McDonald's celebrates its salad days as sales of healthy meals rocket

The fast-food giant McDonald's posted its fastest sales increase in 17 years yesterday, in a remarkable turnaround the company credited to its new line of salads and other "healthy" options.

Just 18 months after the company posted its first quarterly loss and saw its share price drop two-thirds of its value, it announced second-quarter net income of $591m (£320m), up from $471m for the same period last year. The 25 per cent increase was the biggest single-quarter jump since 1987.

McDonald's has faced every obstacle imaginable in the past two years - complaints about its service, lawsuits attempting to blame the company for America's obesity epidemic, a mad-cow disease scare, increases in beef and cheese prices, attacks from anti-globalisation protesters and, most recently, the documentary Super Size Me, in which a New York-based film-maker eats himself sick on a steady diet of McDonald's cheeseburgers and fries.

McDonald's and other fast-food chains appear to have revived customer interest, however, by diversifying their menus and giving at least the appearance of healthier options. Wendy's, a McDonald's subsidiary, and Burger King have also increased their salad, low-fat and low-carb options, with similar positive effects on the bottom line.

"We are encouraged by this progress and confident that our service, food, value and marketing initiatives will generate steady improvements over the long term," an ebullient McDonald's chief executive, Charlie Bell, told reporters in a conference call.

In the United States, as in Europe and other parts of the world, customers can now order fruit slices for breakfast, bunless sandwiches and lettuce-wrapped burgers, bottled water instead of soda, and full meal-style "premium salads". As of a couple of months ago, the company has begun offering Stepometer machines so customers can monitor how much exercise they are getting in the course of their day.

It is not clear whether the company's new-found success is due to a perceived increase in quality and healthiness on its menu - something that has been contested by its detractors - or simply to the increased variety of food on offer.

In his film Super Size Me, Morgan Spurlock uses McDonald's own nutrition statistics to show that the salads, too, are chockful of fat, cholesterol and other health no-nos - because of the dressings and because of their non-green ingredients. The Caesar salad with chicken premiere, for example, contains more fat than a cheeseburger.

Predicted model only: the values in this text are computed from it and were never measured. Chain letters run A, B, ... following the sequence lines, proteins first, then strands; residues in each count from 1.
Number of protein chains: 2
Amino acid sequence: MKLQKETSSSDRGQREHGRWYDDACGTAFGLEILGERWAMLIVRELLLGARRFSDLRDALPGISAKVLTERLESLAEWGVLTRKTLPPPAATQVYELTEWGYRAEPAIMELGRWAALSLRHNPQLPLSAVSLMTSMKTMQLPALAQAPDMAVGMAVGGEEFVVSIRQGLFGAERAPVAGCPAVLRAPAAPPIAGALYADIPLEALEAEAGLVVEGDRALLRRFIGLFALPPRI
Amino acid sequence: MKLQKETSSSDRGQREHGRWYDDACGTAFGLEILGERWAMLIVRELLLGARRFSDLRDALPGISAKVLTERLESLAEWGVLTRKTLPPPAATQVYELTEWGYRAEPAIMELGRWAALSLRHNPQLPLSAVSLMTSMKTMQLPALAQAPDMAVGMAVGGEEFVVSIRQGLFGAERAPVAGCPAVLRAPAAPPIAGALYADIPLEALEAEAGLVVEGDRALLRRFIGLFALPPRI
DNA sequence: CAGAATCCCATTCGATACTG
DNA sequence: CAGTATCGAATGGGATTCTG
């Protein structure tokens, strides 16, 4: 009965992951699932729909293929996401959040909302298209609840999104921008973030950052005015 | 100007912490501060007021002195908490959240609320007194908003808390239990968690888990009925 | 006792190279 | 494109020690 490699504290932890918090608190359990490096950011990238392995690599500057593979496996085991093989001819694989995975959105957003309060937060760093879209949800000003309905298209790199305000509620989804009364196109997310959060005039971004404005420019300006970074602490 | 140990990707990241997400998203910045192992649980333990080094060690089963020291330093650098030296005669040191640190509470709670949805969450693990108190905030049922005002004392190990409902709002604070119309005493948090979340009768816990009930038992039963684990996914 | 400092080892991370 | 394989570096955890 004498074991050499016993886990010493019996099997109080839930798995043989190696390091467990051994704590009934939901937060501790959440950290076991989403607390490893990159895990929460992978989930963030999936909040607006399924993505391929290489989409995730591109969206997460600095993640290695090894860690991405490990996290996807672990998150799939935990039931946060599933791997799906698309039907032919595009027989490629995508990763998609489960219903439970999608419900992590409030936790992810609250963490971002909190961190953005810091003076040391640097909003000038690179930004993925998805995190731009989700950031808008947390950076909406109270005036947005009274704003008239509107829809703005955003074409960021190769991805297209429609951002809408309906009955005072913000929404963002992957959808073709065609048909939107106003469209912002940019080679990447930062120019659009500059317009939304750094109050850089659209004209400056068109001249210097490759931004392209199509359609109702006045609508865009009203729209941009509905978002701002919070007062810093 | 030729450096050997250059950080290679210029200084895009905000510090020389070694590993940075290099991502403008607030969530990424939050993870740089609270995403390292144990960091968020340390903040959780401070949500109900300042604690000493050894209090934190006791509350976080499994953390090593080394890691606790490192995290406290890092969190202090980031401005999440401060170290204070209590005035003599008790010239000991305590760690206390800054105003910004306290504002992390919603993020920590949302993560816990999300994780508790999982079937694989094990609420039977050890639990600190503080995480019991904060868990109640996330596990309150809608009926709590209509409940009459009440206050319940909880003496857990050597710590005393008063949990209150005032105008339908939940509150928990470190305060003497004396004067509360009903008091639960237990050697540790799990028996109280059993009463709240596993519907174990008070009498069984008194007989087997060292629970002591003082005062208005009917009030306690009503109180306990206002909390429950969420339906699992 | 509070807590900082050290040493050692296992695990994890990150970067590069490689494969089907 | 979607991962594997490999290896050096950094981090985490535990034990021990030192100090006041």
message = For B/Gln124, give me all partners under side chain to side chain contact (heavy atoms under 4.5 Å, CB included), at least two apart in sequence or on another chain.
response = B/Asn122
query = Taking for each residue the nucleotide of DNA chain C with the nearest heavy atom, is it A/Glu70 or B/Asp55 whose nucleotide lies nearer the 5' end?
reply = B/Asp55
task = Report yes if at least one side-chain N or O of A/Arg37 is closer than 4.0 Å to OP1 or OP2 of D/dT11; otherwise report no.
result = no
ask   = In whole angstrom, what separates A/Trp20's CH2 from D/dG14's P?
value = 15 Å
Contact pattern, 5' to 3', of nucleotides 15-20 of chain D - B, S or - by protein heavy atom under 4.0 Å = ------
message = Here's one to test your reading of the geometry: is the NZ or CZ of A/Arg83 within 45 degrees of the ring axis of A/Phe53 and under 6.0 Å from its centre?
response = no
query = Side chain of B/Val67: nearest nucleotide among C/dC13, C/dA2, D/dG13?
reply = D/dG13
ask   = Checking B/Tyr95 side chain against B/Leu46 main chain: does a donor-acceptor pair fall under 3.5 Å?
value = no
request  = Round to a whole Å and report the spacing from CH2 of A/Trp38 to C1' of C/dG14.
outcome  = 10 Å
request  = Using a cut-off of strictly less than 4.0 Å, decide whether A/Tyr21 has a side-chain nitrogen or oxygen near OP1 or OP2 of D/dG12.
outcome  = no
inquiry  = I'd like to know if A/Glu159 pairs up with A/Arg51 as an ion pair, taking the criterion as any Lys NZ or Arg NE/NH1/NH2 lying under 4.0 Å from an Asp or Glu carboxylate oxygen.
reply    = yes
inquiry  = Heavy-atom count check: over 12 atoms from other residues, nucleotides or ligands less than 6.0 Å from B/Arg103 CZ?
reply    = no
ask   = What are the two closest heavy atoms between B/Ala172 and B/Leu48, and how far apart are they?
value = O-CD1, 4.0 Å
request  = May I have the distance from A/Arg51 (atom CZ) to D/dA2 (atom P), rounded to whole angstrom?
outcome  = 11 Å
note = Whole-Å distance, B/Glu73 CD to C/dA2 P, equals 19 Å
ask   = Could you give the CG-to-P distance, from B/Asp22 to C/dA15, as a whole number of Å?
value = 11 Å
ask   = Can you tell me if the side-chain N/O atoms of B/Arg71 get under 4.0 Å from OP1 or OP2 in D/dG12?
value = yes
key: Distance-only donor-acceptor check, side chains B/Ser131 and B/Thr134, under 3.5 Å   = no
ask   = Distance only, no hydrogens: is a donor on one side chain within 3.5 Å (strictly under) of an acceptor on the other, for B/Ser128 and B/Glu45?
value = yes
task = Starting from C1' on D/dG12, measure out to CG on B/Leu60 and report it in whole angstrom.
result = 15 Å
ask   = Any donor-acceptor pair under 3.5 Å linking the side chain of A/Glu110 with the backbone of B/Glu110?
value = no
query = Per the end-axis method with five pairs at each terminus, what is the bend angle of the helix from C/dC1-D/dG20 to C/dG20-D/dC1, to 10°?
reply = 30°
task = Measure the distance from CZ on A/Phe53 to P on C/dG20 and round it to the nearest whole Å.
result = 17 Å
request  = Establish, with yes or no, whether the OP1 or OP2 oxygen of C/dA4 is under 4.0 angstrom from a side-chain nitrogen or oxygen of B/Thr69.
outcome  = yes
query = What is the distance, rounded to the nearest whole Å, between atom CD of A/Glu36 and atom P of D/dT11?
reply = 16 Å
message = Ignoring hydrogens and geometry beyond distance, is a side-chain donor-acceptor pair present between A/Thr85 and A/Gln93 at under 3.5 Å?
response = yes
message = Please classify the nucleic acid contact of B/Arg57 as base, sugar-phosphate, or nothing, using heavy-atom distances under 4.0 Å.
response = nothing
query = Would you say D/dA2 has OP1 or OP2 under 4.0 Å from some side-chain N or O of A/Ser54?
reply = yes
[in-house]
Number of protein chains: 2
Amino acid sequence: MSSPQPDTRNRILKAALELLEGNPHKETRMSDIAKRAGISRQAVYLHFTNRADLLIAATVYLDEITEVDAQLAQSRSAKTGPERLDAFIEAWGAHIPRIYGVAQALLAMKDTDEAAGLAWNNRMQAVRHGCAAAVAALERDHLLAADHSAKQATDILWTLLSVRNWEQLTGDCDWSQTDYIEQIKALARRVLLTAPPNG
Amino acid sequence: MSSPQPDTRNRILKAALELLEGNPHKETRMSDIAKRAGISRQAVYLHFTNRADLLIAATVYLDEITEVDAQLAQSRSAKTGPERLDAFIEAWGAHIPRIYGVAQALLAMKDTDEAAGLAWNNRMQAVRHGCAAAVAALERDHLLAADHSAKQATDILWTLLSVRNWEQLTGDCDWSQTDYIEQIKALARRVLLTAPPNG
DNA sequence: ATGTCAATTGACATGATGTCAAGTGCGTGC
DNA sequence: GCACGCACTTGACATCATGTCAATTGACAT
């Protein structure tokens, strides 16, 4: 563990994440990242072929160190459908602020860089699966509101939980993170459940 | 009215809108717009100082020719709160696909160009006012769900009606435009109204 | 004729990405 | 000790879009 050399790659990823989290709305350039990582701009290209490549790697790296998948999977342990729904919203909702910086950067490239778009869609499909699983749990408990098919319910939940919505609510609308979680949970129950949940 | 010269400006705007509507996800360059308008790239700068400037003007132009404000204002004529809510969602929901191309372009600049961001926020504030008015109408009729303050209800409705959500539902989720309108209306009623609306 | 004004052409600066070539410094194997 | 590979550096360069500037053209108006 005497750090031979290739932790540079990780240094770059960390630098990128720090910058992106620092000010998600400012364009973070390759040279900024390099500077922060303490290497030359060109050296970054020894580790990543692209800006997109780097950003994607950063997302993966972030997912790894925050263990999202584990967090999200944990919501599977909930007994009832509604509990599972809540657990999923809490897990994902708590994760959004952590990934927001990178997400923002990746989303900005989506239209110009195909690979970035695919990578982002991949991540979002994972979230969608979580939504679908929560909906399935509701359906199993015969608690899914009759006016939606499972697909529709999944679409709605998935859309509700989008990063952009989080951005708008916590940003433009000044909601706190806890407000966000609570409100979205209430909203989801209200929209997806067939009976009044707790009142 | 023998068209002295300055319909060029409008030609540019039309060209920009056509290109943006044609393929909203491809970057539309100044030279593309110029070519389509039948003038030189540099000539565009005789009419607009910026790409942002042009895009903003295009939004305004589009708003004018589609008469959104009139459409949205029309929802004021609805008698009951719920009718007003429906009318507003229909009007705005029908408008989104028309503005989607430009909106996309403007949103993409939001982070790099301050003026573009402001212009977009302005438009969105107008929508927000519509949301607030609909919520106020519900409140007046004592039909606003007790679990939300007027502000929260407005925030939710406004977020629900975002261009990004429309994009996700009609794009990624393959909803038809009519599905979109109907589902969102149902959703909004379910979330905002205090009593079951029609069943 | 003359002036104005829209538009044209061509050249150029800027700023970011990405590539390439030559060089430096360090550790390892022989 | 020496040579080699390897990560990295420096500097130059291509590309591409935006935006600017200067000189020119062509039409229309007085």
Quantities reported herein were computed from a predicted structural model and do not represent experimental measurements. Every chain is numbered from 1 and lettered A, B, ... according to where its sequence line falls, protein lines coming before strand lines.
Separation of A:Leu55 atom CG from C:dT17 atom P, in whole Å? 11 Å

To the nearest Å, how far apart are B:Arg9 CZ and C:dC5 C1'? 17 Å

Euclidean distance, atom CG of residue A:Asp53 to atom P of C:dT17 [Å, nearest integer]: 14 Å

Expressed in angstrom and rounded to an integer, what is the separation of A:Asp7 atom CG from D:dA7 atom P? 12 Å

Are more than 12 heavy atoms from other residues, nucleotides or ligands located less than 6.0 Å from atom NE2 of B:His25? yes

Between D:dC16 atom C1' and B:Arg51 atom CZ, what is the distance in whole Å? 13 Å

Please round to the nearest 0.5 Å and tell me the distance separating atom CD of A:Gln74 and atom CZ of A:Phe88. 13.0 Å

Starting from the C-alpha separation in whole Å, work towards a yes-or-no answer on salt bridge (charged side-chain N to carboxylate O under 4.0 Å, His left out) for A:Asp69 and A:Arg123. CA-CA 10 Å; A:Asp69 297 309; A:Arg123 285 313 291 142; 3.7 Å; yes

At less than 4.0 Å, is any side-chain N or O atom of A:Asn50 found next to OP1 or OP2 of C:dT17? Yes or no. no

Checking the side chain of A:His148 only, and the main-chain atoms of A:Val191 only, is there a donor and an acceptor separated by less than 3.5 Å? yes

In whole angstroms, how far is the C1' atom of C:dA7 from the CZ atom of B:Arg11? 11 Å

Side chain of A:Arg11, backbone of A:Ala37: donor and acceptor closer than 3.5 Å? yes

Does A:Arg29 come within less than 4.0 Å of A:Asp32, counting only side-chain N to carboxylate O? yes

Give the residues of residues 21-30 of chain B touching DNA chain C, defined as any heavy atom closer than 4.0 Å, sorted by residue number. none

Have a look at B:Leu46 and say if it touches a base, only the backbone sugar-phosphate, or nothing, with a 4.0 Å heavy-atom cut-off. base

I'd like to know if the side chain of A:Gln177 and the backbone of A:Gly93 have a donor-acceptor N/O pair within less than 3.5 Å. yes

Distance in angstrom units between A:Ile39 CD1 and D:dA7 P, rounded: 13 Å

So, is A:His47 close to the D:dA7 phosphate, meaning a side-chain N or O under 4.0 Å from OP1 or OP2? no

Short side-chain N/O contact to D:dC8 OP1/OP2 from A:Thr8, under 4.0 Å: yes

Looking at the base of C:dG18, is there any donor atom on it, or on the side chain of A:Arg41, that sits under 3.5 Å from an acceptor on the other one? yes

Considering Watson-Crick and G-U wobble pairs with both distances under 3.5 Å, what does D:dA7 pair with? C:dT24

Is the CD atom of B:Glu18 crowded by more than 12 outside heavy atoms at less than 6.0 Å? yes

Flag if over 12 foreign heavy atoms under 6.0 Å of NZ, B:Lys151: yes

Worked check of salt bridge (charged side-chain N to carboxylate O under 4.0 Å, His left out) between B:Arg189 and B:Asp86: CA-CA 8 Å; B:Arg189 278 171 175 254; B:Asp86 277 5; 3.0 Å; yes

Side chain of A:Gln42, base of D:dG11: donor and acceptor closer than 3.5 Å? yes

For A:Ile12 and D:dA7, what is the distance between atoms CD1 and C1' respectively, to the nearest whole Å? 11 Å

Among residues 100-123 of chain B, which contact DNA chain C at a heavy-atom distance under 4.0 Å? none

Mr Spurlock's film has been a public relations, if not a commercial, disaster for the company. Shortly before it was released in the United States, McDonald's abandoned the practice of "super-sizing" - offering monster portions of fries and Coke - and moved to introduce the Stepometer.

Stock analysts commenting on the McDonald's turnaround have credited much of it to improved management of the chain, starting with Jim Cantalupo, chief executive until his sudden death from a heart attack in April, and continuing under Mr Bell.

Mr Bell is not well either - having just undergone a course of chemotherapy - and he said in his conference call that although he felt good the company had a succession plan in place, just in case.

A WEIGHTY ISSUE

Food companies and outlets are increasingly turning their attention to producing more healthy fare for reasons from customer preferences to the threat of legal action.

In the name of "consumer demand", Birds Eye gave a guarantee this month that all 130 of its products are free from artificial colourings, flavourings, preservatives and, therefore, nearly all E numbers. It also announced it was substantially cutting salt and saturated fat levels.

But adverse publicity was what stung several firms, including United Biscuits and Cadbury Schweppes, into action. As a result, both companies announced they were reducing levels of hydrogenated vegetable fat, a hardening agent that doctors say has a similar effect on human arteries.

The Department of Health last month "named and shamed" 27 companies including McDonald's, Heinz and Nestlé, for failing to form adequate plans to cut salt levels. Manufacturers responded with a 5 per cent cut in salt in sliced bread - food experts said was just a third of that which should be put into effect immediately.